Someone allergic to wheat should avoid wheat starch. For someone avoiding gluten, wheat starch could contain gluten unless it is in a product that is certified or labeled gluten-free. In that case, the gluten in wheat starch has been processed out. As long as the product is certified or labeled gluten-free, it is safe for someone avoiding gluten.
BONUS: Save Some Time Reading Labels
Reading packaged food labels is a critical step for ensuring food safety. You can save some of the time you might spend reading labels by seeking out GFCO-certified products in advance of shopping at stores or online.
Search the GFCO Product Directory to identify the products and brands that have gone through GFCO’s detailed testing, auditing, and review process and are allowed to put the official GFCO certification mark on their packaging.
Look for the new GFCO mark on product labels to rest assured that the food item is safe. You may still see the old GFCO mark as it is being phased out. You can also check if the mark is still valid and up-to-date with a quick search of the GFCO Product Directory.
Figuring out if the food you’re buying off the shelf is gluten-free and safe to eat does not have to be confusing. We are here to help you live safely gluten-free.
Want to Know More?
Trusting packaged food labels can be challenging, particularly when you are new to living gluten-free. Here is some additional information to explain the role of the FDA, the USDA, and the regulations that affect food safety and labeling.
FALCPA: The Act that Protects You
FALCPA (the “Food Allergen Labeling and Consumer Protection Act”) is an Act that passed in 2004. According to the FDA’s website, FALCPA was enacted to “improve food labeling information for the millions of consumers who suffer from food allergies. The Act will be especially helpful to children who must learn to recognize the allergens they must avoid.”
FALCPA applies to FDA-regulated products only.
The FDA’s Role
The FDA regulates the vast majority of packaged foods. The FDA gluten-free labeling regulation is a part of FALCPA.
The USDA’s Role
The USDA also regulates certain foods, in particular: meats, poultry, egg products (but not actual eggs) and mixed products that generally contain more than 3% raw or 2% cooked meat (for example, some soups and frozen entrees). Products regulated by the USDA are not required to comply with FALCPA, but an estimated 80-90% do so voluntarily.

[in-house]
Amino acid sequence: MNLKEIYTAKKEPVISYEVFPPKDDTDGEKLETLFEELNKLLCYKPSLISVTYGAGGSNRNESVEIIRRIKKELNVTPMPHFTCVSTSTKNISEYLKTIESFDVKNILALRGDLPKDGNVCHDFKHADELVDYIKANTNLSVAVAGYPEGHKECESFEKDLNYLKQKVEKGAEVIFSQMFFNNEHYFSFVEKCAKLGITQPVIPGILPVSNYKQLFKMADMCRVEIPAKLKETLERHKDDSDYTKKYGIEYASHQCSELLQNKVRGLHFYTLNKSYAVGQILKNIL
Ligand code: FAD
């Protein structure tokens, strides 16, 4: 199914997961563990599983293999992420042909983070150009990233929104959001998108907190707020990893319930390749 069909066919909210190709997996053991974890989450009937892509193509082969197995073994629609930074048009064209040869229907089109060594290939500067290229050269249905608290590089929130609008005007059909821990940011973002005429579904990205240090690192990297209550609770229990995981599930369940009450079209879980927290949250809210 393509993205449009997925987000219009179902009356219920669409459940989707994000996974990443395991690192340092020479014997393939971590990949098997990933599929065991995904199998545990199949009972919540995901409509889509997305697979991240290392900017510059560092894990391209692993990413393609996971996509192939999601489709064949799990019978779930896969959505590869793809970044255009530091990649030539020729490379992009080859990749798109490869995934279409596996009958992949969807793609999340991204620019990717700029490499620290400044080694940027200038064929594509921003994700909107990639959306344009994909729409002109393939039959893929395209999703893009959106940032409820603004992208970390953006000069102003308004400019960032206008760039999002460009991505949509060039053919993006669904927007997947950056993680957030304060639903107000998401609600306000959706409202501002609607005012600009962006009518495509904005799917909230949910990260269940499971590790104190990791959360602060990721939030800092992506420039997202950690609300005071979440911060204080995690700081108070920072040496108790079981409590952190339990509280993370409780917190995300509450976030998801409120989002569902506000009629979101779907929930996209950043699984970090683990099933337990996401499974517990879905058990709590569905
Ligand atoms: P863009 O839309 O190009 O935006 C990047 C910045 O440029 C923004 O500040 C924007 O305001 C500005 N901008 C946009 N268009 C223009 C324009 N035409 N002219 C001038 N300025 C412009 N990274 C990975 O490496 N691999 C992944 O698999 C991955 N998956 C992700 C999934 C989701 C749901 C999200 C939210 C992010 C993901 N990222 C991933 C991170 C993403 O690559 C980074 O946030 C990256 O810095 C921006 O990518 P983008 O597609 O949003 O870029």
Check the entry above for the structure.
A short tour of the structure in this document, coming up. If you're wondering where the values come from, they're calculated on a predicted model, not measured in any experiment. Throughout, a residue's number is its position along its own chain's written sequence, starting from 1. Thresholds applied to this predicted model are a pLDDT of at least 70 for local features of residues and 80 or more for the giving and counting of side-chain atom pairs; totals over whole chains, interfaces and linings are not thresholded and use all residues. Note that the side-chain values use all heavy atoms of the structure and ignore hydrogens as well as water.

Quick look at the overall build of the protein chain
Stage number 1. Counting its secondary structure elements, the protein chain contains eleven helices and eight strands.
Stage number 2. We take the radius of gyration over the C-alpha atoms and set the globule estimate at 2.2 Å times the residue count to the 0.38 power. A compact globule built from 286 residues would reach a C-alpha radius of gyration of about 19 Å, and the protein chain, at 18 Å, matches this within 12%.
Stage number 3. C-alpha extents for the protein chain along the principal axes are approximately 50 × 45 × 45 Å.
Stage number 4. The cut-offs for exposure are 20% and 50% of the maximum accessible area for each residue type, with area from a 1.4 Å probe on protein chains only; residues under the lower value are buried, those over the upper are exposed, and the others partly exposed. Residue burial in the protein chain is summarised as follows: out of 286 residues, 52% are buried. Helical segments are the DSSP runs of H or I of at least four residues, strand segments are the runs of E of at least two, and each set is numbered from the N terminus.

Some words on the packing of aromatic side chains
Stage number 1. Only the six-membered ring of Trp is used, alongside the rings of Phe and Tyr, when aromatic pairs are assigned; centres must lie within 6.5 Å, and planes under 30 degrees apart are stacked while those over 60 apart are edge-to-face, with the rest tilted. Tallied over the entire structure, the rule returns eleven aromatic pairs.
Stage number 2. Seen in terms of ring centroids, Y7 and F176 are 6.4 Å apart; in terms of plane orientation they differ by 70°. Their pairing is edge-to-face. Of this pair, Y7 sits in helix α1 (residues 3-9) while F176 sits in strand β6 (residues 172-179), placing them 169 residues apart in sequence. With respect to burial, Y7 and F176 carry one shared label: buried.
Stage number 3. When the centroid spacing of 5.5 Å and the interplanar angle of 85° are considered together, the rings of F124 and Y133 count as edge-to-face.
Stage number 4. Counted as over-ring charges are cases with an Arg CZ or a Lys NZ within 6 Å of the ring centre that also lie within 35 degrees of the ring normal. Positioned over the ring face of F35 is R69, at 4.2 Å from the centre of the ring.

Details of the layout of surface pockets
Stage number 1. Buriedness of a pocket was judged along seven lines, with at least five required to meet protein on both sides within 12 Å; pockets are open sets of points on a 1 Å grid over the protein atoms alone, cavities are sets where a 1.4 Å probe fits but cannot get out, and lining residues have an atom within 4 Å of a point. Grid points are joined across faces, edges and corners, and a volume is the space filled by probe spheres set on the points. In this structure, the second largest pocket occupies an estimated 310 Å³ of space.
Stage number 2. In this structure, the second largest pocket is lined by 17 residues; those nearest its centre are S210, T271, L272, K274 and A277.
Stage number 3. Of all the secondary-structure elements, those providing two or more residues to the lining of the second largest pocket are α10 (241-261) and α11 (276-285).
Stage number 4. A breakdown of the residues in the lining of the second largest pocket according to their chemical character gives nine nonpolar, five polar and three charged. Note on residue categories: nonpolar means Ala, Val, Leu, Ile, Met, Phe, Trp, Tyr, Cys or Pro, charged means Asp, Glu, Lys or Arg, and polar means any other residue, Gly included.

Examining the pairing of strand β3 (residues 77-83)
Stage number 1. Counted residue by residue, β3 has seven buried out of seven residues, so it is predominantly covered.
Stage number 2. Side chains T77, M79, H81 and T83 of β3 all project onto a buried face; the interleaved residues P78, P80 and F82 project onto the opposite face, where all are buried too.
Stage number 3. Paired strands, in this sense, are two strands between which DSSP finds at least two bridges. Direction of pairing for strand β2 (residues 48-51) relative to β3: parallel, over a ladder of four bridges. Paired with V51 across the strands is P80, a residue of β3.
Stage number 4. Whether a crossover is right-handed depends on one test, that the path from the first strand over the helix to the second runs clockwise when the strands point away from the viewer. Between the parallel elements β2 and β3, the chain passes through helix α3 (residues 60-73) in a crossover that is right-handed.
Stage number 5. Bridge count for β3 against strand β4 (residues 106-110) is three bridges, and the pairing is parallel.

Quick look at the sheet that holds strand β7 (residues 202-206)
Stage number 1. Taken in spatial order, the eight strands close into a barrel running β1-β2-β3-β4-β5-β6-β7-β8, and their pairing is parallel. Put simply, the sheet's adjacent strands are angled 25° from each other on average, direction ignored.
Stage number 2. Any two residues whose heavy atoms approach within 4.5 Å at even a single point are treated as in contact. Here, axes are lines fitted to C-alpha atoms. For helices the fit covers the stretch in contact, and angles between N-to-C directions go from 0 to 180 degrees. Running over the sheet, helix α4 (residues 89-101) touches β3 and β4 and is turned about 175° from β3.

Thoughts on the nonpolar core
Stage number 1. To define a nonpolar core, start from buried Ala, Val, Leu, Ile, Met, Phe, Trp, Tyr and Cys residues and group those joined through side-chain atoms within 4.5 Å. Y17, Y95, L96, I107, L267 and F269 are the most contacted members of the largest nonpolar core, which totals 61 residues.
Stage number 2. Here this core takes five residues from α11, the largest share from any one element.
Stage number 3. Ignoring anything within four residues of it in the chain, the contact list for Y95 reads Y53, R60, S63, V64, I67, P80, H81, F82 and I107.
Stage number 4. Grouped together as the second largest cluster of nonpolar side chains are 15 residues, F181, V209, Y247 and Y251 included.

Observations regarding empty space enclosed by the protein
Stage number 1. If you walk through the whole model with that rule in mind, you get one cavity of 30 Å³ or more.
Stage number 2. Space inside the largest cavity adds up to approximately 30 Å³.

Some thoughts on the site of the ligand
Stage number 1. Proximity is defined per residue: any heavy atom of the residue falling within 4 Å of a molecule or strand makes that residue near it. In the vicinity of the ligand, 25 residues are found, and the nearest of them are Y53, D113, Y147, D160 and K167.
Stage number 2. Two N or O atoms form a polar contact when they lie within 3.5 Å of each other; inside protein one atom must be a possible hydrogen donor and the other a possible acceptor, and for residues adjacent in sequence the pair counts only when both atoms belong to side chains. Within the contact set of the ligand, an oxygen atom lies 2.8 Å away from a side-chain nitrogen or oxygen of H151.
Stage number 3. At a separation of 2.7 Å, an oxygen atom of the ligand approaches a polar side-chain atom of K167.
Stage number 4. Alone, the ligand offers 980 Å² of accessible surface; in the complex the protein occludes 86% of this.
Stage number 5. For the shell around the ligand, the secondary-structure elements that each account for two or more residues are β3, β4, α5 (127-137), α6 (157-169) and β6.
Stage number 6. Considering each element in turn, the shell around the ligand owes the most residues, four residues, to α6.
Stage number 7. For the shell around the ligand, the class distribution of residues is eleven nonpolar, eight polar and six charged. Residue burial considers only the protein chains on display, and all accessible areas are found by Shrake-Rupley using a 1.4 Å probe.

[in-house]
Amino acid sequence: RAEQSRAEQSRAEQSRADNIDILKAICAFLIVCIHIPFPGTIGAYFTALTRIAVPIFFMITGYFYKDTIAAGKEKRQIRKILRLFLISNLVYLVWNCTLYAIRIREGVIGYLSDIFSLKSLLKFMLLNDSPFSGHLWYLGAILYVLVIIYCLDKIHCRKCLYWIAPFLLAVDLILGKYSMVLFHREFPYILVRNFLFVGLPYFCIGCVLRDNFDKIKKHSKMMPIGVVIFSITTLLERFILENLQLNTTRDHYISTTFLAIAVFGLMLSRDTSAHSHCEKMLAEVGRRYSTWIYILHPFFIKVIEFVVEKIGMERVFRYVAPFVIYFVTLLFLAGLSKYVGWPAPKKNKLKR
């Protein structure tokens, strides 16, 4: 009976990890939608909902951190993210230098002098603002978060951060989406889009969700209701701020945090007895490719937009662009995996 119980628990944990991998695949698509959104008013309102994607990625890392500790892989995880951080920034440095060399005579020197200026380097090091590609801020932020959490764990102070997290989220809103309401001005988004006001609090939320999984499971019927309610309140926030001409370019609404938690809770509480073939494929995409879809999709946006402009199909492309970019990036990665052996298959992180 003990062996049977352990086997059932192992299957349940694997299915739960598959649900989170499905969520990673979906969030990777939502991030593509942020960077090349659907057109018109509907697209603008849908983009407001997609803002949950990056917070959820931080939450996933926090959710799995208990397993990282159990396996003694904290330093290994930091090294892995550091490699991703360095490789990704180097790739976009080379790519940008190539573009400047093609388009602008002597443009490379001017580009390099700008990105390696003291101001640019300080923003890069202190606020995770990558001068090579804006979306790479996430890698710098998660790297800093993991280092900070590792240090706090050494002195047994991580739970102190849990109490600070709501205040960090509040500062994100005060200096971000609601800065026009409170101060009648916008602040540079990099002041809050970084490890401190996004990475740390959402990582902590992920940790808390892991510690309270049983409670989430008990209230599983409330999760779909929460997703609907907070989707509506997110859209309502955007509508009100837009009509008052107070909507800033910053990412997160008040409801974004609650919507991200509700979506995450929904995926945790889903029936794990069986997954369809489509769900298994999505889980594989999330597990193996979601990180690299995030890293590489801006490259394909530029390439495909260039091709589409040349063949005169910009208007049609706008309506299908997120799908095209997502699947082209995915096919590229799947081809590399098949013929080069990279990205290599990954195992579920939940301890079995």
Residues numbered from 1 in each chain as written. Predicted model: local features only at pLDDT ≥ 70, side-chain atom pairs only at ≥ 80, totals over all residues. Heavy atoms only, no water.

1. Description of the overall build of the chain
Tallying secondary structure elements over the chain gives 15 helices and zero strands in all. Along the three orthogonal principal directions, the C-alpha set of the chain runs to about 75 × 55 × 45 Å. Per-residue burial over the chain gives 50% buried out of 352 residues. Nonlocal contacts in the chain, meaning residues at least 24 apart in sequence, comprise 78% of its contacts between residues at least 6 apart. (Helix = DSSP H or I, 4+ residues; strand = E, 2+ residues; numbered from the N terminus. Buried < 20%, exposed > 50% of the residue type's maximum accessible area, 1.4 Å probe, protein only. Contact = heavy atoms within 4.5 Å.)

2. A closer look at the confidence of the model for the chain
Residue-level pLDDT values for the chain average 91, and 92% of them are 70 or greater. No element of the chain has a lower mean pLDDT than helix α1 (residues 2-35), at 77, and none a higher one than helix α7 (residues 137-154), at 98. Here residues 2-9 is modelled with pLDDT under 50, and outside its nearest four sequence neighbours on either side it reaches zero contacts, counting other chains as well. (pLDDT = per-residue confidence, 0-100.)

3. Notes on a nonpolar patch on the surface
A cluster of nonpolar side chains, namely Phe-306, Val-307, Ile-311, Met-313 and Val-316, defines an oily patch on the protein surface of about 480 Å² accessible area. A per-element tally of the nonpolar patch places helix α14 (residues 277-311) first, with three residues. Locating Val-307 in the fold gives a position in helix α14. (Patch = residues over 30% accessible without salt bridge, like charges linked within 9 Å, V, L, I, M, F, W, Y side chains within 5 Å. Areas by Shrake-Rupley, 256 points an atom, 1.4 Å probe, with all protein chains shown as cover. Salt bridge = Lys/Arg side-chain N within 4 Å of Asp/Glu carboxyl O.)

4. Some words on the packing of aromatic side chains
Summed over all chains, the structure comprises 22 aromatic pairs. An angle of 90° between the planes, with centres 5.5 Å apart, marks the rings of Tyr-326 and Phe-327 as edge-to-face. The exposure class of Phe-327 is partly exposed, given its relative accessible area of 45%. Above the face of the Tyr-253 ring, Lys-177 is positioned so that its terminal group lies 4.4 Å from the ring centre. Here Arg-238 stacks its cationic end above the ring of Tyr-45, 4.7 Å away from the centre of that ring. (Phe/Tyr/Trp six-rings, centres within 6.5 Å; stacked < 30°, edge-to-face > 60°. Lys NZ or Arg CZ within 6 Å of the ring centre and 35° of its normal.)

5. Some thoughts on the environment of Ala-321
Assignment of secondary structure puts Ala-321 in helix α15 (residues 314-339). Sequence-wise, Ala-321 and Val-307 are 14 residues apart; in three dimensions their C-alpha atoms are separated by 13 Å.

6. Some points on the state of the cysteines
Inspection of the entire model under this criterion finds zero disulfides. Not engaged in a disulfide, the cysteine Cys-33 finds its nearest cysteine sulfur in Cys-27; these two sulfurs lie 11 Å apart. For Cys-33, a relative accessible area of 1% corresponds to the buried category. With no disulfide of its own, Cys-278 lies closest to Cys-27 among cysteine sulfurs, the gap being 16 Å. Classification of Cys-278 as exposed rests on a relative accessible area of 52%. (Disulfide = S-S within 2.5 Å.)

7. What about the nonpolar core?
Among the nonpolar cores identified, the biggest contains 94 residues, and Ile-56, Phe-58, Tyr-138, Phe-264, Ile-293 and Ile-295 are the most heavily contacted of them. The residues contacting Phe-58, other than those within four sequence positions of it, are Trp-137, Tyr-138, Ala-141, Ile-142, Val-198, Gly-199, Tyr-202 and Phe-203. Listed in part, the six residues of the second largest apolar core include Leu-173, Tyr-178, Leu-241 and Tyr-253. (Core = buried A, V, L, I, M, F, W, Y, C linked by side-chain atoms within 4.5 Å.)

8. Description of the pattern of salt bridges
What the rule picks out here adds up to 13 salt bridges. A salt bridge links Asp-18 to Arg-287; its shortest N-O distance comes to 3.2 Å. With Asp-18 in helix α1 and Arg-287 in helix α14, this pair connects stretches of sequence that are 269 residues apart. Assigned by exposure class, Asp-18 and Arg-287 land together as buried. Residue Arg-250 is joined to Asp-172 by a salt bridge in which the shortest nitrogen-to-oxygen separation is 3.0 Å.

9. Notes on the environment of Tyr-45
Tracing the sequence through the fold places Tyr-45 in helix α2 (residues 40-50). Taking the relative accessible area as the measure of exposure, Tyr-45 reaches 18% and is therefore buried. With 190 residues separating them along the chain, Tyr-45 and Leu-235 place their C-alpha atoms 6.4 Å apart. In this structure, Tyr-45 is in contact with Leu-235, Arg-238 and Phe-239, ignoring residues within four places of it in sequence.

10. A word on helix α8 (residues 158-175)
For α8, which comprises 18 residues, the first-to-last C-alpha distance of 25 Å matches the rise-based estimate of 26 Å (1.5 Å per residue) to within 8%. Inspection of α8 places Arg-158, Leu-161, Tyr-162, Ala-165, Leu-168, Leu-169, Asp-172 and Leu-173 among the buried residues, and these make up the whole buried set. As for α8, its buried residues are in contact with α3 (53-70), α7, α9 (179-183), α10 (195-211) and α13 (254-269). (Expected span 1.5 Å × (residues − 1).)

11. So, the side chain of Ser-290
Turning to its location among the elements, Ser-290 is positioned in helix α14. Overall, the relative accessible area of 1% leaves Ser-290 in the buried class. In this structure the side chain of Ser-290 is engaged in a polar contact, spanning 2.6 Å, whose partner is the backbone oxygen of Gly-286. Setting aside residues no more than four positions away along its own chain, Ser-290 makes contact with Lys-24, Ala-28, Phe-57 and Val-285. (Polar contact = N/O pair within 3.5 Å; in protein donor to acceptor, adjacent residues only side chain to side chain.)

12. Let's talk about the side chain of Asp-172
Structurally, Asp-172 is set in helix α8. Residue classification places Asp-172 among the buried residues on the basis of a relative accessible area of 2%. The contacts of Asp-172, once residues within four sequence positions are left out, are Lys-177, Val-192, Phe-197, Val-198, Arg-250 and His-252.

|Types of Food Regulated||Most packaged
Egg products (but not eggs)
Mixed products (with >3% raw or >2% cooked meats)
|Part of FALCPA – “Food Allergen Labeling and Consumer Protection Act”||Yes||No, but many food producers follow it anyway|
What Does FALCPA Require?
The FALCPA labeling regulations require that the top eight allergens be clearly identified, including wheat. Derivatives of wheat, such as “modified food starch,” must clearly indicate that “wheat” is the source.
The word “Wheat” can either appear in parentheses in the ingredient list or in a separate “Contains” statement immediately after or next to the ingredient list.
The 8 Major Food Allergens (FALCPA)
- Fish (e.g., bass, flounder, cod)
- Crustacean shellfish (e.g., crab, lobster, shrimp)
- Tree nuts (e.g., almonds, walnuts, pecans)
What’s missing? Rye and barley are not in the FALCPA top eight allergens, so anything derived from them in an ingredient list, like malt from barley, does not need to include a clarification of the source. If you are gluten-free, you need to not only avoid wheat gluten but also gluten from rye and barley.
More About “Contains” Statements
If you see a “Contains” statement, or other indication that a USDA-regulated product is complying with FALCPA, then simply look for the word “wheat.” If there is any doubt about whether a product is complying with FALCPA labeling, the following ingredients may be derived from wheat.
Avoid these or investigate further:
- food starch
- modified food starch
Remember: Wheat-free is not the same as gluten-free. A product can be wheat-free but still contain gluten from rye or barley.